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according adeo aliis ancient appears apud Arabic Arabic language assertion atque called Chron Classical Journal dæmons Deity Demiurgus Dendera Digamma divine edition Egypt Egyptians emendation enim etiam Euripides Gods Greek hæc Harleian Hebrew heliacal rising Herodotus Homer Iliad illa inter ipse Kings language learned Manetho mihi modo mythis nature neque nihil nunc observed omnia opinion original passage Persian plagiarism Plato Plutarch Porson Proclus quæ quam quibus quid quidem quod quoque quoted quum religion Roman sacred says Scripture Shechinah Shinar signifies Strabo sunt supposed symbol tamen temple Thoth tion translation vero verse Vulgo word worship writers XXIV zodiac ἂν γὰρ δὲ εν ἐπὶ εστι εστιν ΕΤ καὶ μεν μὴ οἱ οὐ οὐκ περὶ ΠΟ πρὸς τὰ τε τὴν τῆς τὸ τοις τὸν τοῦ τῶν ὡς
Page 323 - twas strange, 'twas passing strange; Twas pitiful, 'twas wondrous pitiful. She wish'd she had not heard it, yet she wish'd That heaven had made her such a man; she thank'd me, And bade me, if I had a friend that loved her, I should but teach him how to tell my story, And that would woo her. Upon this hint I spake: She loved me for the dangers I had pass'd, And I loved her that she did pity them.
Page 244 - But the court which is without the temple leave out, and measure it not; for it is given unto the Gentiles: and the holy city shall they tread under foot forty and two months.
Page 314 - Tis he, who gives my breast a thousand pains, Can make me feel each passion that he feigns; Enrage, compose, with more than magic art ; With pity, and with terror, tear my heart ; And snatch me, o'er the earth, or through the air, To Thebes, to Athens, when he will, and where.
Page 244 - And one said to the man clothed in linen, which was upon the waters of the river, How long shall it be to the end of these wonders ? 7 And I heard the man clothed in linen, which was upon the The end of these wonders.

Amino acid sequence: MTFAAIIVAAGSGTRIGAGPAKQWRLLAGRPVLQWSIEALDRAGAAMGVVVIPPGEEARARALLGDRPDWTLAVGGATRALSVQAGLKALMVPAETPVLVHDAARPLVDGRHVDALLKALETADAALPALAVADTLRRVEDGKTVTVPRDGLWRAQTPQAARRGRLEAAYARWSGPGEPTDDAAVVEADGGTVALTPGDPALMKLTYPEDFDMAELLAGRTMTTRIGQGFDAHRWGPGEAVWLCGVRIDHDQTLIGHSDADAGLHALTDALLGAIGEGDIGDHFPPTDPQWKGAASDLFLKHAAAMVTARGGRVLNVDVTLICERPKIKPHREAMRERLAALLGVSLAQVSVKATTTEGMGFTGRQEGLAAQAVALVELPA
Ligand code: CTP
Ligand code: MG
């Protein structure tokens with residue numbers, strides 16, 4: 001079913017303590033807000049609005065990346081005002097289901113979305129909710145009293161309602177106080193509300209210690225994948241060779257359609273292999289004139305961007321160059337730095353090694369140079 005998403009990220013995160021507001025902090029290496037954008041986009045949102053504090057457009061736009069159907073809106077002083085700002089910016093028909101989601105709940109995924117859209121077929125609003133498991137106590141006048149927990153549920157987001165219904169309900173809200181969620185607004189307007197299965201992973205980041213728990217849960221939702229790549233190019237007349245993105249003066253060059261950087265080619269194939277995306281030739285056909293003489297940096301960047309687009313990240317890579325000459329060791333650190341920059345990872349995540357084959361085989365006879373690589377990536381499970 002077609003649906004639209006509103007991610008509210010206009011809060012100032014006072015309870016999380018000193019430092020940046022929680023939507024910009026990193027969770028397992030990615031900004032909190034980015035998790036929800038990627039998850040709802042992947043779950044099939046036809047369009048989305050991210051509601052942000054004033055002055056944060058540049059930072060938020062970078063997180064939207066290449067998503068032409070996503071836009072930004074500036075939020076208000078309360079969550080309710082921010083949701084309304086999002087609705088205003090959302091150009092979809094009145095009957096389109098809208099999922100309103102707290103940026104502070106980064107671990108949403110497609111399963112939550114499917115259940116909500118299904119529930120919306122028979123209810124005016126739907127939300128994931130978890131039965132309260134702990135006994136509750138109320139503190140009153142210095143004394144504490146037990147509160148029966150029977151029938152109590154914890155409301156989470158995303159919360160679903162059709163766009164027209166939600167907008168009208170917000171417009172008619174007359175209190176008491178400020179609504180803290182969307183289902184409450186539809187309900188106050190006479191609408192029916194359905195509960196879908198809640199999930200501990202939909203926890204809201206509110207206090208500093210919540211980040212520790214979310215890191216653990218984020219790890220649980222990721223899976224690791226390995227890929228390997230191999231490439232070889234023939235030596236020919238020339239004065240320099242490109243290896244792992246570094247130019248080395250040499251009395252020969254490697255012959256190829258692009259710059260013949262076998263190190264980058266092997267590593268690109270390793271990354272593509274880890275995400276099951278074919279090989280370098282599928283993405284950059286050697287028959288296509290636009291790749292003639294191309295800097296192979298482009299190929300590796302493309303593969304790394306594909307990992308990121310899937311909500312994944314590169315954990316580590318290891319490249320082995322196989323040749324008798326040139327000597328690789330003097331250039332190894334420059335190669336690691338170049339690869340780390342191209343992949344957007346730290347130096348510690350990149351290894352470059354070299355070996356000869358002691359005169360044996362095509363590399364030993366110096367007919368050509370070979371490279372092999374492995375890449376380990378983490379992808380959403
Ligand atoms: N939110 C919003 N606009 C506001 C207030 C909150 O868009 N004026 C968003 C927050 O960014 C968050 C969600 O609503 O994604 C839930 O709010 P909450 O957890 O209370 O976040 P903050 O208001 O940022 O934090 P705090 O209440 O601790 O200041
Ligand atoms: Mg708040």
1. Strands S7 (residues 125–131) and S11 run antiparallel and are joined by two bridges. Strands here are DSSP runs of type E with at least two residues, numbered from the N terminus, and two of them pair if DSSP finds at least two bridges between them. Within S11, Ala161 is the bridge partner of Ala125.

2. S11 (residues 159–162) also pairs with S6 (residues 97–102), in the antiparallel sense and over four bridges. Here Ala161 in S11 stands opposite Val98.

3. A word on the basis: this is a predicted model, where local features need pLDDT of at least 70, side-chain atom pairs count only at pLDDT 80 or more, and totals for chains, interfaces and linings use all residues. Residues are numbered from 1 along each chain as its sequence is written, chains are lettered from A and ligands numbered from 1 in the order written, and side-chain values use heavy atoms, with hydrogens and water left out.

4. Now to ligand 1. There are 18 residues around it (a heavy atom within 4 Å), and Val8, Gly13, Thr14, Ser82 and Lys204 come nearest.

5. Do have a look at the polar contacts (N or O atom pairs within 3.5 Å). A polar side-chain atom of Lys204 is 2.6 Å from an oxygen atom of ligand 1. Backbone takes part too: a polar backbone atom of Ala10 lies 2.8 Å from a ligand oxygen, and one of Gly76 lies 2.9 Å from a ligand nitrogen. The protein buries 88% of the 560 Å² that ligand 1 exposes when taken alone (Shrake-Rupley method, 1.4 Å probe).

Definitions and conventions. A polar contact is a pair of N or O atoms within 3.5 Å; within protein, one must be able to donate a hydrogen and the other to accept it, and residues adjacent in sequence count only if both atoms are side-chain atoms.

Page 314 - Terror and commiseration leave a pleasing anguish in the mind ; and fix the audience in such a serious composure of thought, as is much more lasting and delightful than any little transient starts of joy and satisfaction.
Page 162 - Thus saith the Lord GOD; I will also destroy the idols, and I will cause their images to cease out of Noph; and there shall be no more a prince of the land of Egypt: and I will put a fear in the land of Egypt.
Page 314 - We find that good and evil happen alike to all men on this side the grave ; and, as the principal design of tragedy is to raise commiseration and terror in the minds of the audience, we shall defeat this great end, if we always make virtue and innocence happy and successful.
Page 323 - Of hair-breadth scapes i" the imminent deadly breach, Of being taken by the insolent foe And sold to slavery, of my redemption thence, And portance in my travel's history; Wherein of antres vast and deserts idle, Rough quarries, rocks, and hills whose heads touch heaven, It was my hint to speak, — such was the process: And of the Cannibals that each other eat, The Anthropophagi, and men whose heads Do grow beneath their shoulders.